Sometimes innovative technologies come from the wildest places.
Such was the case for Richard Turere, a teen-age Maasai boy from Kitengela, Kenya, who only wanted to protect his family's herd of cattle, goats and sheep from the lions who roamed the savannah near the border of the Nairobi National Park.
At the age of nine, Turere was given the responsibility of looking after the family cattle. After two years of losing too many of the livestock to lions while the family was sleeping, and with little access to technical information, he found a photonics-based method to keep the predators at bay.
Turere explained at a recent TED conference how he had noticed that the lions were unafraid of the fires he built to keep them away. They learned to skirt around them and remain in the shadows, still able to hunt vulnerable animals.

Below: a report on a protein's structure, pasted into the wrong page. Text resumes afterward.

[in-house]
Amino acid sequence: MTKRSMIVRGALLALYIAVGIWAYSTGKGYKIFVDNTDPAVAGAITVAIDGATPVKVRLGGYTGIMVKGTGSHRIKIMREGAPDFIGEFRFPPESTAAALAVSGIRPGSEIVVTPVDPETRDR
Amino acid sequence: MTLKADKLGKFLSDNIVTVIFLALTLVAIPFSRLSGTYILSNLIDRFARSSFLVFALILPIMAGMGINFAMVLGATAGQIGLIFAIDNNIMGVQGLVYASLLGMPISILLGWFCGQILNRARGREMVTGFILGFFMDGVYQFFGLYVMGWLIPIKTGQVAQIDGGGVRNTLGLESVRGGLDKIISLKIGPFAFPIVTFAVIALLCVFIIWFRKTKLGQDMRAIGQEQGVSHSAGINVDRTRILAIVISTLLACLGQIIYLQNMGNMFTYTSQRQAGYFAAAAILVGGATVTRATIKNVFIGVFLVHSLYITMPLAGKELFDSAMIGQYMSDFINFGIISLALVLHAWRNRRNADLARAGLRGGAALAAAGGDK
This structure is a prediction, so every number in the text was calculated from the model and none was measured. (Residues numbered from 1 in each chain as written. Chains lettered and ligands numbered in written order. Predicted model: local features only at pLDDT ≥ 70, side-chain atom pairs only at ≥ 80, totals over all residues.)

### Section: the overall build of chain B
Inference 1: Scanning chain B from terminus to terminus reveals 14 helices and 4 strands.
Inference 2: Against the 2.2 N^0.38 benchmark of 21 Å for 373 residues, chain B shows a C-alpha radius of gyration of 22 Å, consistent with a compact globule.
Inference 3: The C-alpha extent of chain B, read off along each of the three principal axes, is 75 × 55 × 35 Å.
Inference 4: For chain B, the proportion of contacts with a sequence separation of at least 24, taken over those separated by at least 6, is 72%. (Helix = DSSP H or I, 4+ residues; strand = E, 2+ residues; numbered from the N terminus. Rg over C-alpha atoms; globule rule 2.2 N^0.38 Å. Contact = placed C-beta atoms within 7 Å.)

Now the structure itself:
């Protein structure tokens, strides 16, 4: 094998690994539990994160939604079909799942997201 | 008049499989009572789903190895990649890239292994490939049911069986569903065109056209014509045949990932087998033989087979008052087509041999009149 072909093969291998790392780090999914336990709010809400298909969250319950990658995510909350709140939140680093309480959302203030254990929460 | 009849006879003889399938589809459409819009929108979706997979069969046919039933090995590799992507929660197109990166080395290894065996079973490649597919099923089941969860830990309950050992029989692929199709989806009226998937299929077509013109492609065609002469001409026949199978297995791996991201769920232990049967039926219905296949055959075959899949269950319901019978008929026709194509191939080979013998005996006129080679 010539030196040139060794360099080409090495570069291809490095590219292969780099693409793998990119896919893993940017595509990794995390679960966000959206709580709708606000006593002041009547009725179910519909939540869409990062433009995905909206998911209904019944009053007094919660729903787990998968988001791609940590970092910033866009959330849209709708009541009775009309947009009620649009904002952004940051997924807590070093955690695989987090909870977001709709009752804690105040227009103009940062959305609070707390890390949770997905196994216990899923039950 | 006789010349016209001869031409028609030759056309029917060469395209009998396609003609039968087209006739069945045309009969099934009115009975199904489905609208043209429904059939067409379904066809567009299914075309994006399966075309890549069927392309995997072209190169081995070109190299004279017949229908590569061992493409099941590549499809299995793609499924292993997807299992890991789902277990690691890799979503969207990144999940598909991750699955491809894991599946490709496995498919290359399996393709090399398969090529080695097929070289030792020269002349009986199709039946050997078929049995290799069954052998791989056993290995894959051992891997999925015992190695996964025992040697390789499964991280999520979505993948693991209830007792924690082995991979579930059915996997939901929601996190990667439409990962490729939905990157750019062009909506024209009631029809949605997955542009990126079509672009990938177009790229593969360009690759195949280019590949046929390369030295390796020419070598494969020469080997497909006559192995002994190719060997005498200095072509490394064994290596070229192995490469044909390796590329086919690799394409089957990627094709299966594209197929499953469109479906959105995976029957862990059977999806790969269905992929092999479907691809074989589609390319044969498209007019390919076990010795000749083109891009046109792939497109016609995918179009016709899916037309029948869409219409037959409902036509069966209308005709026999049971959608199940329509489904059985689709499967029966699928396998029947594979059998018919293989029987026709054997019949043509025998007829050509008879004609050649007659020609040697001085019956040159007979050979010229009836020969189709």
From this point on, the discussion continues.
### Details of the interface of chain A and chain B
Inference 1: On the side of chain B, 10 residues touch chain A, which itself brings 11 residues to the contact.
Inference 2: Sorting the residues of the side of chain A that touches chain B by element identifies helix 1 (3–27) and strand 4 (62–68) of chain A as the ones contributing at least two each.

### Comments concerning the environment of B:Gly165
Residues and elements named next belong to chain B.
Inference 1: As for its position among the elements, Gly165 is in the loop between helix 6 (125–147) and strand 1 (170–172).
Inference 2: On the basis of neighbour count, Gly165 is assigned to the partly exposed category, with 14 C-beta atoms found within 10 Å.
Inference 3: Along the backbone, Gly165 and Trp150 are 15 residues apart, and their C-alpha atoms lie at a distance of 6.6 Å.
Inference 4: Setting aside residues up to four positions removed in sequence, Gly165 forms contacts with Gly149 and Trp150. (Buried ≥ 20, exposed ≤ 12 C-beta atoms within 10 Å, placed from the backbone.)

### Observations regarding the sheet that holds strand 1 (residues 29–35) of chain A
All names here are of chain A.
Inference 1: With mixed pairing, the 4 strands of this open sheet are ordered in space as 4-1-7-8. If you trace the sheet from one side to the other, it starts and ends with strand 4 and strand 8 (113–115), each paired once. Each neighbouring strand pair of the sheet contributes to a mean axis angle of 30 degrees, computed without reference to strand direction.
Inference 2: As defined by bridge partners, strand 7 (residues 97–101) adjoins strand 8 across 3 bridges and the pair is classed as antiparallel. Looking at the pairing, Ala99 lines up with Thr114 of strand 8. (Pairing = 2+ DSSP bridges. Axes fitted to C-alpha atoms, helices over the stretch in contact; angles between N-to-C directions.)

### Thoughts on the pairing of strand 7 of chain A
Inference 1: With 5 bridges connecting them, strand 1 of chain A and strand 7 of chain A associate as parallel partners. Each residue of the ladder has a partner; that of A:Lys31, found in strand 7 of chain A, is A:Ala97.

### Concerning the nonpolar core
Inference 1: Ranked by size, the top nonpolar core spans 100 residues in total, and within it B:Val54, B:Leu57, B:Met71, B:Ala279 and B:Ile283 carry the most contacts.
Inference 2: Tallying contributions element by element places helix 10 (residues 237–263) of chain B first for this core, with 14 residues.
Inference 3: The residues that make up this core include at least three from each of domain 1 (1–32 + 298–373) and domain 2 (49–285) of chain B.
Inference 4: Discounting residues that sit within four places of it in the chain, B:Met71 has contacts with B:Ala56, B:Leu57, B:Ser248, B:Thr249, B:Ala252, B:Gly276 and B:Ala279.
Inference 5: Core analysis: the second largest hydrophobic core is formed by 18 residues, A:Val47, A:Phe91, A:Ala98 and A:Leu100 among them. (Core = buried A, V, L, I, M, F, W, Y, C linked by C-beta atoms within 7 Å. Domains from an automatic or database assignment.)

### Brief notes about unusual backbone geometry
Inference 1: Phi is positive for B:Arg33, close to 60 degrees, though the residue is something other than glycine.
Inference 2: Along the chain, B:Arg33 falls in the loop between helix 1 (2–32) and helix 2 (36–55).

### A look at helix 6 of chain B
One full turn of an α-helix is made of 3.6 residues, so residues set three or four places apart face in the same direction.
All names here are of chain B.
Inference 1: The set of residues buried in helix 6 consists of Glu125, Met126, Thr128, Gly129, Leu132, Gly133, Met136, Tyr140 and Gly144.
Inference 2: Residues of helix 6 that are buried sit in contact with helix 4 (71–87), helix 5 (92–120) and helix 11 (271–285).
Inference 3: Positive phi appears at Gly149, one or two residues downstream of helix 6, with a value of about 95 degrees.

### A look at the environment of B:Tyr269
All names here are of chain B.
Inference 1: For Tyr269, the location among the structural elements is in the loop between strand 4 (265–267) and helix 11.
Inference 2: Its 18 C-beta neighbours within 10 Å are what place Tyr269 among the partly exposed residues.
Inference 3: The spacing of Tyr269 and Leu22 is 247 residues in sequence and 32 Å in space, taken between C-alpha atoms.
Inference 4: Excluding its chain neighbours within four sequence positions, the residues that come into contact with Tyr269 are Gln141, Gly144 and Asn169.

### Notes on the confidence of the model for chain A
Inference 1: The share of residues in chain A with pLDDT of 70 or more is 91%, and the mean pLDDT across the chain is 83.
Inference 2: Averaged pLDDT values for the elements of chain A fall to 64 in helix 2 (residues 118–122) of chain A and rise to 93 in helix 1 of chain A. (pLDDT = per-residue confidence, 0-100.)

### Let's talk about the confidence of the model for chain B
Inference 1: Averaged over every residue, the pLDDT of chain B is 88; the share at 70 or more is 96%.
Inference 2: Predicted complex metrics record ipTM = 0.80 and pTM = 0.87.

However, the lions were afraid of moving lights. They wouldn’t come near the Turere family stockade if someone walked around with a flashlight at night. After a few weeks of contemplation and experimentation, he came up with a simple and low-cost system to protect his family's source of meat and milk.
Turere, 11 at the time, put together an automated lighting system with LED bulbs from broken flashlights and a car battery powered by a solar panel. His system of “Lion Lights” is designed to flash light intermittently into the dark night, tricking lions into thinking someone is walking around with a flashlight.
His solution has been so successful, according to SPIE Professional magazine, that several neighboring families have asked for Lion Lights. So far, 75 such systems have been installed around Kenya.
In addition, Turere's Lion Lights provided a solution that benefits the animals that inhabit Nairobi National Park, which has the world's largest density of lions, and the tourist economy built around the wildlife of Africa.
It's an inspiring story and a true example of photonics for a better world. (Watch Richard's TED talk to hear him tell the story.)